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Do Personal and Practice Characteristics have a Bearing
on Physicians' Tendencies to Diagnose Migraine?
TR Smith; American Headache Society, June 2000
Posted January 2001
American Headache Society, June 2000

Objective:   The objective of this study was to examine the tendencies of primary care physicians to diagnose migraine and to evaluate their personal characteristics and practice features for elements which may influence the likelihood of making migraine diagnoses.

Results: 53 of 86 primary care physicians surveyed responded. There were 10 physicians in the high diagnosis frequency index (DFI) group, 6 in the medium, 22 in the low, and 15 in the very low group. In the high DFI group, the physicians were more likely to be female, more likely to have a spouse or first-degree family member with migraine, and tended to see significantly fewer office visits per month. The very low DFI group was more likely to be male, to have older patient populations, and to have busier practices. Interestingly, there was very little difference among the groups with respect to recent headache related CME activity, level of interest in migraine and women’s health issues, and active migraine screening in their practices.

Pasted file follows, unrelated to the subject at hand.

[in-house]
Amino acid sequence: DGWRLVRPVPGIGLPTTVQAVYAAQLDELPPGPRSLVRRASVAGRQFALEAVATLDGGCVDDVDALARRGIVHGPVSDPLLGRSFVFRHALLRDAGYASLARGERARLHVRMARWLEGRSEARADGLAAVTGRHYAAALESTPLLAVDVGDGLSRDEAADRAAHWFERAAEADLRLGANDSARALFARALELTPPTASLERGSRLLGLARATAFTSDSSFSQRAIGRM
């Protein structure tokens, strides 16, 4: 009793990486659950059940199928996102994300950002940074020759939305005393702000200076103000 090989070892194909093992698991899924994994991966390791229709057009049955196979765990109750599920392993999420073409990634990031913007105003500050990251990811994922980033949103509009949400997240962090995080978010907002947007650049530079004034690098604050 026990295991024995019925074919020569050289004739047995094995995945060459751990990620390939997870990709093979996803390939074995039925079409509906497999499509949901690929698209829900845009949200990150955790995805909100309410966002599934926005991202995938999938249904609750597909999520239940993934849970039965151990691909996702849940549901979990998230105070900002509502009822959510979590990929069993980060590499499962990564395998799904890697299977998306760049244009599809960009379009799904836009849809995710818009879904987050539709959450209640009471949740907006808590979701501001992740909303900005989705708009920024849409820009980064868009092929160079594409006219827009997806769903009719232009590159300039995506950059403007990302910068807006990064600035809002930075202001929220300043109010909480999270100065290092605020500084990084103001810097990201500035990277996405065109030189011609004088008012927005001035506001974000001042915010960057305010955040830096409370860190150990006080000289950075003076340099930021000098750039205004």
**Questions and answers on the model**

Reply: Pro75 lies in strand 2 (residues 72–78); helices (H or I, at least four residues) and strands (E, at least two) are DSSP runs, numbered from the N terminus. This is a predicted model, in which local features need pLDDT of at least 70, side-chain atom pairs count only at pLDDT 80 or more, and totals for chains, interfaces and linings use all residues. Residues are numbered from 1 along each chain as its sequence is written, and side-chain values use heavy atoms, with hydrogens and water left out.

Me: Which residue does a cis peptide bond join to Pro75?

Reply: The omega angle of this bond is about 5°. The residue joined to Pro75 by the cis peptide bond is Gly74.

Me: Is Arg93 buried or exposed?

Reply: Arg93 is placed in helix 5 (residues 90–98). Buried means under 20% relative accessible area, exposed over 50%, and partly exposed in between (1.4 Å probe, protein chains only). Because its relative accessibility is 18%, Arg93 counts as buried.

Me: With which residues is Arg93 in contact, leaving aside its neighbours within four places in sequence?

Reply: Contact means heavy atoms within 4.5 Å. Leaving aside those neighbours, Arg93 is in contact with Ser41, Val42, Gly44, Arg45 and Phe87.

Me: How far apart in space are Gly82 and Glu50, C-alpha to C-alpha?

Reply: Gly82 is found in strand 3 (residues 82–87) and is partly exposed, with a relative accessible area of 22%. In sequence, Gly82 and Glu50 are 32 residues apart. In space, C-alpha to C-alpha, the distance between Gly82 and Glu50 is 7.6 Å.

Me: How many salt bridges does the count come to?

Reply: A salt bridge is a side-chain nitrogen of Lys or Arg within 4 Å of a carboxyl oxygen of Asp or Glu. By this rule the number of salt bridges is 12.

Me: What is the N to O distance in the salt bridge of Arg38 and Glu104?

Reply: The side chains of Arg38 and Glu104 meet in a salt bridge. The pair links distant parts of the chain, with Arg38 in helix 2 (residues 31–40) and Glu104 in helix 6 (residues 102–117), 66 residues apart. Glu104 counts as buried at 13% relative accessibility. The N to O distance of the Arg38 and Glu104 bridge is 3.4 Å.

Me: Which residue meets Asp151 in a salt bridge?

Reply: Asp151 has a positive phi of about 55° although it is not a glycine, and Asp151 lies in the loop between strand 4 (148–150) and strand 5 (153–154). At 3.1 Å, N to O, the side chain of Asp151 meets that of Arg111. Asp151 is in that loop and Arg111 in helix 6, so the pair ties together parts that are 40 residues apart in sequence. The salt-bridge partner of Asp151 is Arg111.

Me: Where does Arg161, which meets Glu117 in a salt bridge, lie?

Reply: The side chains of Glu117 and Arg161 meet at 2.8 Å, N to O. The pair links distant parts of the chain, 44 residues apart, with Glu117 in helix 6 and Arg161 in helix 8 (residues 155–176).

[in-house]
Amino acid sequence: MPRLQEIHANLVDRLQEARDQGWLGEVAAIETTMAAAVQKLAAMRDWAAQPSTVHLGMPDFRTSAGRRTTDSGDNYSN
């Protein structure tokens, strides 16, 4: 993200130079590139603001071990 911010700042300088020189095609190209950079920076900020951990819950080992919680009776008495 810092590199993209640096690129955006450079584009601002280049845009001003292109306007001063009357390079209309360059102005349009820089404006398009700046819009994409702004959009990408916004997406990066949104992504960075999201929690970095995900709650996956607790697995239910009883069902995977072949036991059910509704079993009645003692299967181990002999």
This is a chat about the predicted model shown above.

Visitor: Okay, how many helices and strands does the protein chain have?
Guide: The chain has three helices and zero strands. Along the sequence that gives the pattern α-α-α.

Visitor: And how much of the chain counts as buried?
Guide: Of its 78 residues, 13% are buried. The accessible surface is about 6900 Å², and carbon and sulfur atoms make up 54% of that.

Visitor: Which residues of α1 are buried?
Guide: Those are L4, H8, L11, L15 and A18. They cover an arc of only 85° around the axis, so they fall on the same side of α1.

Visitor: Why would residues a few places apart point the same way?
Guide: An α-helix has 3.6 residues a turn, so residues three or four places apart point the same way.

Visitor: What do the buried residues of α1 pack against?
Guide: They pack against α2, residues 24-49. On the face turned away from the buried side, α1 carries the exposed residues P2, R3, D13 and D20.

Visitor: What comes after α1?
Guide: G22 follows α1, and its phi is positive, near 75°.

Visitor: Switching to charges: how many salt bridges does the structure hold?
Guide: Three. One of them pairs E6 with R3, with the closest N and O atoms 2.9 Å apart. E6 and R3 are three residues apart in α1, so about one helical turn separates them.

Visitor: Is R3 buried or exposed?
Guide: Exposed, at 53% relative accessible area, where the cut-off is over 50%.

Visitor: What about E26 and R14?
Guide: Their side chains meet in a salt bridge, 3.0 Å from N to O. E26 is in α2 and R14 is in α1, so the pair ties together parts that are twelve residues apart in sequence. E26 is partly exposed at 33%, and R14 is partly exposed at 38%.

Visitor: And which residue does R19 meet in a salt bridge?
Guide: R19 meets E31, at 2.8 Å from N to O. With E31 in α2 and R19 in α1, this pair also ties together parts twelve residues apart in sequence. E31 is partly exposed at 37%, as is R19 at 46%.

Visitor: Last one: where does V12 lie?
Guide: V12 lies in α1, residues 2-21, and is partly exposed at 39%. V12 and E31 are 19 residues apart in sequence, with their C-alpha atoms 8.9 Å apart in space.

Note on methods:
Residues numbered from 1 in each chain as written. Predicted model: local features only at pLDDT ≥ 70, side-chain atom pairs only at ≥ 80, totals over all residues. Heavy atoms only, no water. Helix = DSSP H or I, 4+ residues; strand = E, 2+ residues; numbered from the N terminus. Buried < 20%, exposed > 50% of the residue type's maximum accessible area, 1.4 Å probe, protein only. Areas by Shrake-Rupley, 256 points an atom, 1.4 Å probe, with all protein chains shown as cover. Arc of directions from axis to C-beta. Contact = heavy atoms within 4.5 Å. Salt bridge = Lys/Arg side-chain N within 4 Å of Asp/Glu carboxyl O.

Conclusion: This study would suggest that the tendency to diagnose migraine in primary care practice may be influenced more by the physician’s personal characteristics and practice demographics than the practitioner’s level of interest in headache, participation in recent CME activities or the use of office screening programs.